is a 2003 news story about Shoefiti (described as "Dangling Shoes" by the Los Angeles NBC affiliate ) and how it’s being addressed by the Los Angeles Mayor (James Hahn) and Police Chief (William Bratton). Notice that the mayor and police chief stopped short of claiming the shoese are drug, gang, or prostitution related. However, even without that, they state that shoefiti "generate[s] fear" and "symbolizes an urban menace" in their city’s neighborhoods.
I believe the same statement could easily be made about shoefiti in Minneapolis. Neighborhoods with drug problems also have a shoefiti problem. Why should the mostly law-abiding, tax paying, residents of those neighborhoods have to put up with this form of litter / vandalism when it’s such an easy problem to solve? The shoe locations are being identified, and are clearly marked on this site’s map. As of this writing, I can’t imagine it would take longer than a day for a crew with appropriate equipment to wipe the map clean.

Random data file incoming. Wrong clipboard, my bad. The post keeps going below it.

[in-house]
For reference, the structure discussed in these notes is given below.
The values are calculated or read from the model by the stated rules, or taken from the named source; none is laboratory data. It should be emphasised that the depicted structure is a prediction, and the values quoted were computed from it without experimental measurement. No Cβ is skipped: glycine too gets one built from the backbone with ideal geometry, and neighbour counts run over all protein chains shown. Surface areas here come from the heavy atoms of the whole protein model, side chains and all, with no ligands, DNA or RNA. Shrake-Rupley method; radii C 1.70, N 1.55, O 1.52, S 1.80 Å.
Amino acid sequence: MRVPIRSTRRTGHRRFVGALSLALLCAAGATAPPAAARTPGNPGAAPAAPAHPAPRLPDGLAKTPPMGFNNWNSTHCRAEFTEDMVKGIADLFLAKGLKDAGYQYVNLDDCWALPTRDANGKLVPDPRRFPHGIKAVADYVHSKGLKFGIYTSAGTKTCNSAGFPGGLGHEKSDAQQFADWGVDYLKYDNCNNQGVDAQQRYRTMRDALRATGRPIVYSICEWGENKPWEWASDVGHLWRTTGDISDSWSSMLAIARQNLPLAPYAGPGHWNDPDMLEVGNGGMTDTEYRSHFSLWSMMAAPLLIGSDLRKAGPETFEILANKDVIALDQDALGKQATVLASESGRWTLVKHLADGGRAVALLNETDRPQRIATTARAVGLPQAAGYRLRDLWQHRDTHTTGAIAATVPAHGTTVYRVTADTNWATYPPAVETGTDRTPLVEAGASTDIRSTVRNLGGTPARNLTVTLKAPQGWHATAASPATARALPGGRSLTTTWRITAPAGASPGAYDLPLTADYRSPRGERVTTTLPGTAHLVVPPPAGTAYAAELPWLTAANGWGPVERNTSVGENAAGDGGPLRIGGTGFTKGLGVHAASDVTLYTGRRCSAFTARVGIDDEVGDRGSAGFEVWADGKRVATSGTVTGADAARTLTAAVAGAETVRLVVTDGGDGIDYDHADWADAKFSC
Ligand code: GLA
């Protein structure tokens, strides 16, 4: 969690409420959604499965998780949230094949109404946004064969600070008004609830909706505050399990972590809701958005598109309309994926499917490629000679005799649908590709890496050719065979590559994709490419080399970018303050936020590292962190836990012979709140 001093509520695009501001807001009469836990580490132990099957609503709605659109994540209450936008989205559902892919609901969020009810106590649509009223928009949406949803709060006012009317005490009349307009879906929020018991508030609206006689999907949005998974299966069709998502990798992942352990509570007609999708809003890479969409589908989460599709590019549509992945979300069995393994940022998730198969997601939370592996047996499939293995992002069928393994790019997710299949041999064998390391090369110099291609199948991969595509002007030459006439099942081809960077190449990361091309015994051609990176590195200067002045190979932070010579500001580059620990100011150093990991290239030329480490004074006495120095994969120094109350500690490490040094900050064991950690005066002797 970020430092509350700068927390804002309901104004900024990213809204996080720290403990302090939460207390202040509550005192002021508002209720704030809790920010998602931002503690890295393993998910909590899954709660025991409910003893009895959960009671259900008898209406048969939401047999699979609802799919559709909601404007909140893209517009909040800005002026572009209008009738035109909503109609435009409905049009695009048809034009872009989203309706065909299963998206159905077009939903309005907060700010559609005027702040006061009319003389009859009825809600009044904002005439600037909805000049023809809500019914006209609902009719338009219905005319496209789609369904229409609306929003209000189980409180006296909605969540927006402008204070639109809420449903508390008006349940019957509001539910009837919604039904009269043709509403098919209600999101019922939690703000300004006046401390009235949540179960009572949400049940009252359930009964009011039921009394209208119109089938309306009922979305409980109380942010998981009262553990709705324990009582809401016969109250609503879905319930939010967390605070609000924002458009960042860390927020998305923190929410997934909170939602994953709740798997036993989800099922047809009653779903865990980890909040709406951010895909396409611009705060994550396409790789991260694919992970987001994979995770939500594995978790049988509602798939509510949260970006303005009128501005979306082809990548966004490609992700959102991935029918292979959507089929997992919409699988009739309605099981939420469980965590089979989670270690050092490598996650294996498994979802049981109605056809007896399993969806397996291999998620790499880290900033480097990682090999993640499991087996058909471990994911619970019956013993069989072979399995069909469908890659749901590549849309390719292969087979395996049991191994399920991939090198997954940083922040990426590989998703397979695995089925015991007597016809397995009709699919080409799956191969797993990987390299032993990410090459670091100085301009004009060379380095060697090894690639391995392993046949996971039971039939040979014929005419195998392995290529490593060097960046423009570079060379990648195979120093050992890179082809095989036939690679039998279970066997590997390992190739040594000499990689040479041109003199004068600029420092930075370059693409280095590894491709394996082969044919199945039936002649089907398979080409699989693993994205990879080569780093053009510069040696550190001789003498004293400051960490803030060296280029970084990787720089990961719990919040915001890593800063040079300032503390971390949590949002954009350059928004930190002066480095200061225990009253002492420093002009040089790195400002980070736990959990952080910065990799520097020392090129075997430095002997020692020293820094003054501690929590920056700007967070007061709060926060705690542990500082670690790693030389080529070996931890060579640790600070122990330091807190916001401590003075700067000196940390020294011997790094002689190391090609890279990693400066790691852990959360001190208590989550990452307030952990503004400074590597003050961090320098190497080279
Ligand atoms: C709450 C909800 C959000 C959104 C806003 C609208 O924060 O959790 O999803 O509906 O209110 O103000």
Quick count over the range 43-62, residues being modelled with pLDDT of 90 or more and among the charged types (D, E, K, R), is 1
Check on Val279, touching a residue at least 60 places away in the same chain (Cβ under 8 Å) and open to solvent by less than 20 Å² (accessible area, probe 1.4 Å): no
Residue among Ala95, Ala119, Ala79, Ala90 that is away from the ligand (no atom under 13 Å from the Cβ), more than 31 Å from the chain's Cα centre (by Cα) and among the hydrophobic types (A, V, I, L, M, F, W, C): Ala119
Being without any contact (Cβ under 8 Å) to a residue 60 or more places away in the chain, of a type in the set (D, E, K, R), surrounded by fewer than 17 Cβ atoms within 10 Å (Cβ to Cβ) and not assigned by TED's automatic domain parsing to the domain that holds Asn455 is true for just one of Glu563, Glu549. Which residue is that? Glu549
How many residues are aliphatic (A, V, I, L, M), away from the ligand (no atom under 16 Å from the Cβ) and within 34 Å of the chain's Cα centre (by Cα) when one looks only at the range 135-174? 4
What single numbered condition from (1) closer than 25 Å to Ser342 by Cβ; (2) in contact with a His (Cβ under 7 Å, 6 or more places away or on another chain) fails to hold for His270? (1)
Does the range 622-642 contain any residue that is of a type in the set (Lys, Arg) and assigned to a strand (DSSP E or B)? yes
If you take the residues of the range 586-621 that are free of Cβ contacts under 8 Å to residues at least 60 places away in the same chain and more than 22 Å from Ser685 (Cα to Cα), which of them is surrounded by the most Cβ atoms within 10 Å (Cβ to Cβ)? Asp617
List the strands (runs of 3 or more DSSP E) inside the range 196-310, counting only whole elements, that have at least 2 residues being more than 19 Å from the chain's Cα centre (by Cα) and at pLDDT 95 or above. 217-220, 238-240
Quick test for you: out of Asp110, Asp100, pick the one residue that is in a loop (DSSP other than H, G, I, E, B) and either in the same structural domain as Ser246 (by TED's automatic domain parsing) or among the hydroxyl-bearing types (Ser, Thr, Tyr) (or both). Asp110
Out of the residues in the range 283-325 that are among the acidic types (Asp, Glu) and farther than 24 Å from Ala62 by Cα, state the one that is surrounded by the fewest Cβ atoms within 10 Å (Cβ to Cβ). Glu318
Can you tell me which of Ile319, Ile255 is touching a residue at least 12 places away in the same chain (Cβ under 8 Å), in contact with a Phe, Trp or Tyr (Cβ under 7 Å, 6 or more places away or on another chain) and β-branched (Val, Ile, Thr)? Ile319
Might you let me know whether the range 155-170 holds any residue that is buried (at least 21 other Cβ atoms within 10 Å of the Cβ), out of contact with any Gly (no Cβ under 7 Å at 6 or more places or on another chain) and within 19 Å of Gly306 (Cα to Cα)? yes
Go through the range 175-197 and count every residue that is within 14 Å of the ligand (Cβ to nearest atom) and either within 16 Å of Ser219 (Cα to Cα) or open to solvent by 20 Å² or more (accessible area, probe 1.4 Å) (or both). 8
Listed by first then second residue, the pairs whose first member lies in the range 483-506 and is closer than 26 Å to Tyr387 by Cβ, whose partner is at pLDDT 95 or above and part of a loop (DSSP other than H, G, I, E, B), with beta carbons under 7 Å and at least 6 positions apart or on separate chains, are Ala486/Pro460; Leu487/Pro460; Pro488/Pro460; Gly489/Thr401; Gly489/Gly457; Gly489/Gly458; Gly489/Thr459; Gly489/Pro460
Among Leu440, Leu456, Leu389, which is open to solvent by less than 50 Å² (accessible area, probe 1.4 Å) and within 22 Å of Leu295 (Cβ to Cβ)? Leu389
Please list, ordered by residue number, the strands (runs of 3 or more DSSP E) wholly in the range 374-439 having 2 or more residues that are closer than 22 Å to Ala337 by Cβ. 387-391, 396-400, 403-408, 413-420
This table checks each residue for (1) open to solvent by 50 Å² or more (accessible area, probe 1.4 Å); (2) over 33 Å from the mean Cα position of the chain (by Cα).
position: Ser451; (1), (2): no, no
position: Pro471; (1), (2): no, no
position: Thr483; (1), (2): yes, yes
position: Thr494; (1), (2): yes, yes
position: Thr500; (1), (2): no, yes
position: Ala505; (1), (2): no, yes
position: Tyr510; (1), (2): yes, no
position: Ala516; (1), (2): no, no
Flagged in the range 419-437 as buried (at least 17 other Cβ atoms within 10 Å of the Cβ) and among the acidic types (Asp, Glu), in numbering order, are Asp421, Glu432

Will the current and/or next mayor or Minneapolis make time to solve on this amazingly simple quality of life issue that’s affecting challenged neighborhoods in his city? If not, why not?
City Crews Start Removing Shoes
UPDATED: 7:20 p.m. PST March 10, 2003
If you live in Los Angeles, you’ve seen them — tennis shoes dangling over power lines.
Since December, workers from various city departments have removed more than 100 pairs of strung-up shoes from utility lines throughout Los Angeles, Mayor James Hahn said Monday.
"Hanging shoes have long symbolized an urban menace in our neighborhoods," Hahn said.
Police Chief William Bratton said the shoes are meant to generate fear.
"Broken windows, graffiti, drug dealers, even shoes hanging from the utility lines — it’s all about quality of life issues and it’s those types of issues the department will focus on to help make the neighborhoods safer," Bratton said.